Energy Efficient Drainage - SP7

Research Scientist
480 44 041

This subproject analyses the energy use for different reservoir drainage strategies. Potential reductions in energy use will be identified, both for implementation on short time scales in mature fields, and on longer time scales for new field developments. The work is performed in close cooperation with industry partners.

Main objective

Assess and quantify energy use coupled to subsurface flow processes for relevant drainage strategies and identify potential for energy reduction while maintaining focus on maximising oil and gas recovery. Focus in 2020 has been on:

  • identifying potential technologies and strategies for reduced energy production
  • screening and preparing models for evaluating drainage strategies to quantify energy use and reduction potential
  • developing an optimisation framework to enable maximised oil and gas recovery combined with reduced energy needs and costs.

Results 2020

  • Presented an overview of candidate technologies for reduced energy use related to drainage.
  • Created models for simulating effect of inflow devices in wells for reduced energy use associated with water production.
  • Prepared modified subsurface models of the Norne field and the Norne E-segment. The models will be used for studying water-based drainage strategies. The simulation models were tested in commercial and open-source simulators, and the modified Norne model was used in a case study for SP6.
  • A methodology for joint optimisation of oil and gas production and CO2 emissions was developed through coupling of reservoir, subsurface and topside models. Optimisation is implemented in the open-source software FieldOpt (NTNU).
  • A prototype for visualisation of energy dissipation in the reservoir was developed.

Expected innovations are:

  • Assessment methodology for energy consumption for relevant drainage strategies
  • Methodology for co-optimisation of oil and gas production, energy use and costs
  • Guidelines for selecting energy efficient drainage strategies.
Capillary pressure, caused by interfacial tension (IFT) between reservoir fluids is the most basic rock-fluid property in multiphase flow. Image of high pressure, high temperature, pendant drop IFT measurement cell.
Capillary pressure, caused by interfacial tension (IFT) between reservoir fluids is the most basic rock-fluid property in multiphase flow. Image of high pressure, high temperature, pendant drop IFT measurement cell.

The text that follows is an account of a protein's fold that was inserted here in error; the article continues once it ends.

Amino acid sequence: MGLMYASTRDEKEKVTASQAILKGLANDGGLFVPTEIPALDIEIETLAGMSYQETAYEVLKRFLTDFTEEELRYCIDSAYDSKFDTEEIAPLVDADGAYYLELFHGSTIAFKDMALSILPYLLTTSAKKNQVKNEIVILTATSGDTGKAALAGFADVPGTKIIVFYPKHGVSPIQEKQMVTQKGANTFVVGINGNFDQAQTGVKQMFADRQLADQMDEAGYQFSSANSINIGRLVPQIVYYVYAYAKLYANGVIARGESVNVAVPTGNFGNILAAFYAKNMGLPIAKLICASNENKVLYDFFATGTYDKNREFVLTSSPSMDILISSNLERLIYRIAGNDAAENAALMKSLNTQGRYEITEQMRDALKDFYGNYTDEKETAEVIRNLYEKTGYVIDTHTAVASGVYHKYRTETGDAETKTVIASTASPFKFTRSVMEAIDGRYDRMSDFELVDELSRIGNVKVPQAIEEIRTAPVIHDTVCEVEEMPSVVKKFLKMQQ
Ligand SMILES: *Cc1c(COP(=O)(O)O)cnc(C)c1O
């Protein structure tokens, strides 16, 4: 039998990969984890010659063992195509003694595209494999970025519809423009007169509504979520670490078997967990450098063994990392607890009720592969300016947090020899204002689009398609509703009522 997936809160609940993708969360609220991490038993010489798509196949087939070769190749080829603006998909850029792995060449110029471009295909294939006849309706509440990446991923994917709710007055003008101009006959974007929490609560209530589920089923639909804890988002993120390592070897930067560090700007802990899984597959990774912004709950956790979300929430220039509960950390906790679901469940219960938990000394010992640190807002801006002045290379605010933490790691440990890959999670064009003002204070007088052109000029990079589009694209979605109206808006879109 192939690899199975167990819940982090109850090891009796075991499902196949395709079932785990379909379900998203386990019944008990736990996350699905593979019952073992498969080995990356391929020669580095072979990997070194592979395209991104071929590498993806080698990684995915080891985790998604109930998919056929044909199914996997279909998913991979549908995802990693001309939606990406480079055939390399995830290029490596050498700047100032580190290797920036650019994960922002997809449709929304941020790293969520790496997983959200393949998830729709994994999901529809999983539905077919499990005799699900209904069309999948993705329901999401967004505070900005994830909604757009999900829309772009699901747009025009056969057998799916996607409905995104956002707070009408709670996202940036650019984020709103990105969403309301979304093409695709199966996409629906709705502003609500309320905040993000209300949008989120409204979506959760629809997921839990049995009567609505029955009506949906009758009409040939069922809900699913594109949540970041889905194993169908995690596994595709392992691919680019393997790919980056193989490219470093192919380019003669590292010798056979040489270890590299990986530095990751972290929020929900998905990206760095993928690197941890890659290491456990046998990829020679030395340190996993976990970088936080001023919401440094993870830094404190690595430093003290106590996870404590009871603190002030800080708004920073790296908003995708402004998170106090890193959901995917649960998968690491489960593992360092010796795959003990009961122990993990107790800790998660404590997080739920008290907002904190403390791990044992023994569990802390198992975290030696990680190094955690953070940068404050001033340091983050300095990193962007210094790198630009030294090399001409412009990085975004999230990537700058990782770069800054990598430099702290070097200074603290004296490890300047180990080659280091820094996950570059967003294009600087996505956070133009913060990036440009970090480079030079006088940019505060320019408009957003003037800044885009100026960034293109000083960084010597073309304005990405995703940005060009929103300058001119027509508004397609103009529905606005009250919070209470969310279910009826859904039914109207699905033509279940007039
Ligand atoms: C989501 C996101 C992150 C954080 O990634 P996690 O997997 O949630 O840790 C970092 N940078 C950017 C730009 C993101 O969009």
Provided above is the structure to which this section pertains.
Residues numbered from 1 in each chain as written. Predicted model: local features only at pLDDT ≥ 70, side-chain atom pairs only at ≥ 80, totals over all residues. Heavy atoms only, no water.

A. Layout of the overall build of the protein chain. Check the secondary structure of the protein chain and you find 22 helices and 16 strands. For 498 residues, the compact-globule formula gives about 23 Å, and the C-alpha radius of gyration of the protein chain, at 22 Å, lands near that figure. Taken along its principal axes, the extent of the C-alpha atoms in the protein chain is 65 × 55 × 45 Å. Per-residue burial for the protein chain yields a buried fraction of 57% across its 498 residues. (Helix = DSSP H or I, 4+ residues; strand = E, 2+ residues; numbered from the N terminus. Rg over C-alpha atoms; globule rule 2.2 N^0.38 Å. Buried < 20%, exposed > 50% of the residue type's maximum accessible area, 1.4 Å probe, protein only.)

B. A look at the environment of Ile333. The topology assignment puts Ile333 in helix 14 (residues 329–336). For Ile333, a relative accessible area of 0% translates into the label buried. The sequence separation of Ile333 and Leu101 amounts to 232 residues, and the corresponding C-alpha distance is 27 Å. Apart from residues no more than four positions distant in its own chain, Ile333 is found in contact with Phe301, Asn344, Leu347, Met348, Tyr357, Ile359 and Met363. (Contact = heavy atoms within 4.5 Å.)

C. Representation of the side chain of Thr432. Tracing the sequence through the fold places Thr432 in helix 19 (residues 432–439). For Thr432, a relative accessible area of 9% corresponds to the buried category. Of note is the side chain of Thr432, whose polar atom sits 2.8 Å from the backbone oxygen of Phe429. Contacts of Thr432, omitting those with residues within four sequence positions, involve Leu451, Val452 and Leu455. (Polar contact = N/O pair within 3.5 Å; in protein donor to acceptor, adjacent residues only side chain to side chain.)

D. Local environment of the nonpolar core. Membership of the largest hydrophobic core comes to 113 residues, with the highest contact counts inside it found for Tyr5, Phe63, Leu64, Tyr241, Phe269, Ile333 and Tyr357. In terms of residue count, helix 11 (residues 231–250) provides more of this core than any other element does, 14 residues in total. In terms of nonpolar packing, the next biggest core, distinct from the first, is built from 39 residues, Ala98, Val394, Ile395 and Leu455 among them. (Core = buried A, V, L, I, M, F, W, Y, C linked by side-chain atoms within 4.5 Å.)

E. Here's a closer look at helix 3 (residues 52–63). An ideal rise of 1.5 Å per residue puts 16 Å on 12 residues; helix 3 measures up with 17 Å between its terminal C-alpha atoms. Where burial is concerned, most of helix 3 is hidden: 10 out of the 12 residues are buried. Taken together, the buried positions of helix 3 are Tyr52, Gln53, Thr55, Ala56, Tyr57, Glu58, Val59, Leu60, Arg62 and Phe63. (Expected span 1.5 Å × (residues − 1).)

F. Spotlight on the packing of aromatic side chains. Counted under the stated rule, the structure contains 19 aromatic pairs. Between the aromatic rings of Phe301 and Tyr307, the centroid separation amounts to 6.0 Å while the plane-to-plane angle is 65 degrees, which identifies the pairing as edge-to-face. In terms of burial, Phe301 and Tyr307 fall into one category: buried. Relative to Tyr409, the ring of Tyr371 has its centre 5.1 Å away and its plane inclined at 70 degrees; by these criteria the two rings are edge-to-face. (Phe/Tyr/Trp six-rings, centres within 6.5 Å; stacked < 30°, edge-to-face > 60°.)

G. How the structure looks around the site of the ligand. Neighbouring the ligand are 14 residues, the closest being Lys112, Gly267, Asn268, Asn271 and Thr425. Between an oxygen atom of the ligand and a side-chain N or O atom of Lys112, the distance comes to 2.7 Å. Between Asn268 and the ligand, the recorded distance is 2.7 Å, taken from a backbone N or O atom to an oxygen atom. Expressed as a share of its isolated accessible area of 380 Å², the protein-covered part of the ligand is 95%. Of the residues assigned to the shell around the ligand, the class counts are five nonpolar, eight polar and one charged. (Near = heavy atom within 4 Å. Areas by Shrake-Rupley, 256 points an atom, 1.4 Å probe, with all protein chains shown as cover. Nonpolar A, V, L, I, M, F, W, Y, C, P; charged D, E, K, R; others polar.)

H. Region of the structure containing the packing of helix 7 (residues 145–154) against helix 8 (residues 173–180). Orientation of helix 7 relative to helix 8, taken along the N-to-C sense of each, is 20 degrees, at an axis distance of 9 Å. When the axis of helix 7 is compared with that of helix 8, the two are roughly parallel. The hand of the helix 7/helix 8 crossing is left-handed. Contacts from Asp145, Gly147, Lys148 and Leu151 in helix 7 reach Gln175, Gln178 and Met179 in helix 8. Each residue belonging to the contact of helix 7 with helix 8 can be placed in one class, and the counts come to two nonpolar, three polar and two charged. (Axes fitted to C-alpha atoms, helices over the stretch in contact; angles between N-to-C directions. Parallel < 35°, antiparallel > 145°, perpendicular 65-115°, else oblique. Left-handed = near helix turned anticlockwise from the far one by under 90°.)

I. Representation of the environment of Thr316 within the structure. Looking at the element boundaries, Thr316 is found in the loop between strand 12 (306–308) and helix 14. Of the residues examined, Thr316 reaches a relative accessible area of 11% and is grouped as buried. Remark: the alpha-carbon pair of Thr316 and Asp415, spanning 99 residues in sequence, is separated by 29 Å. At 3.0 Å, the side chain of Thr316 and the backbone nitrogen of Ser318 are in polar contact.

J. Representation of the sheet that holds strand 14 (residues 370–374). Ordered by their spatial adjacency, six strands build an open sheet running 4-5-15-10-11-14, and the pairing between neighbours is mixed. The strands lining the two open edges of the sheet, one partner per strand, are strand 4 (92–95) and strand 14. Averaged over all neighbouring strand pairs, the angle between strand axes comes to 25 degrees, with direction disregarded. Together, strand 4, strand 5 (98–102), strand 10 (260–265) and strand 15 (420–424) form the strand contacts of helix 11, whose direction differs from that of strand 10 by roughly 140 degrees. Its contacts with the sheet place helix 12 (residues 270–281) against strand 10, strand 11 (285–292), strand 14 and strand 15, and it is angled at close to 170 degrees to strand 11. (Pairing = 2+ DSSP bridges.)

Results 2019

This SP analyses the energy use for different reservoir drainage strategies. Potential reductions in energy use will be identified,  both for implementation on short time scales  in mature fields, and on longer time scales for new field developments. The work is performed in close cooperation with industry partners.

Main objective

Reduce the energy use related to subsurface flow processes. Assess and compare drainage strategies to reduce energy needs while maintaining focus on oil and gas recovery.

  • Assess drainage strategies to quantify energy use related to reservoir flow and identify potential reductions
  • Develop optimization framework to enable maximized oil and gas recovery combined with reduced energy needs and costs.

Main results

  • Industry meetings to get feedback on project plans and to request data and models.
  • Scope of work and detailed work plan for the first two years defined.
  • Collection and screening of generic models to be used in the SP.
  • Modified Norne field model selected for field case studies (figure).
  • Announcement and selection of the first PhD candidate. The PhD will focus on developing a framework for co-optimization of energy use and hydrocarbon recovery.

Impact and innovations

Expected innovations are:

  • Assessment methodology for energy consumption for relevant drainage strategies
  • Methodology for co-optimization of oil and gas production, energy use and costs
  • Guidelines for selecting energy efficient drainage strategies.
Norne Field model, made available by The Open Porous Media Initiative (OPM).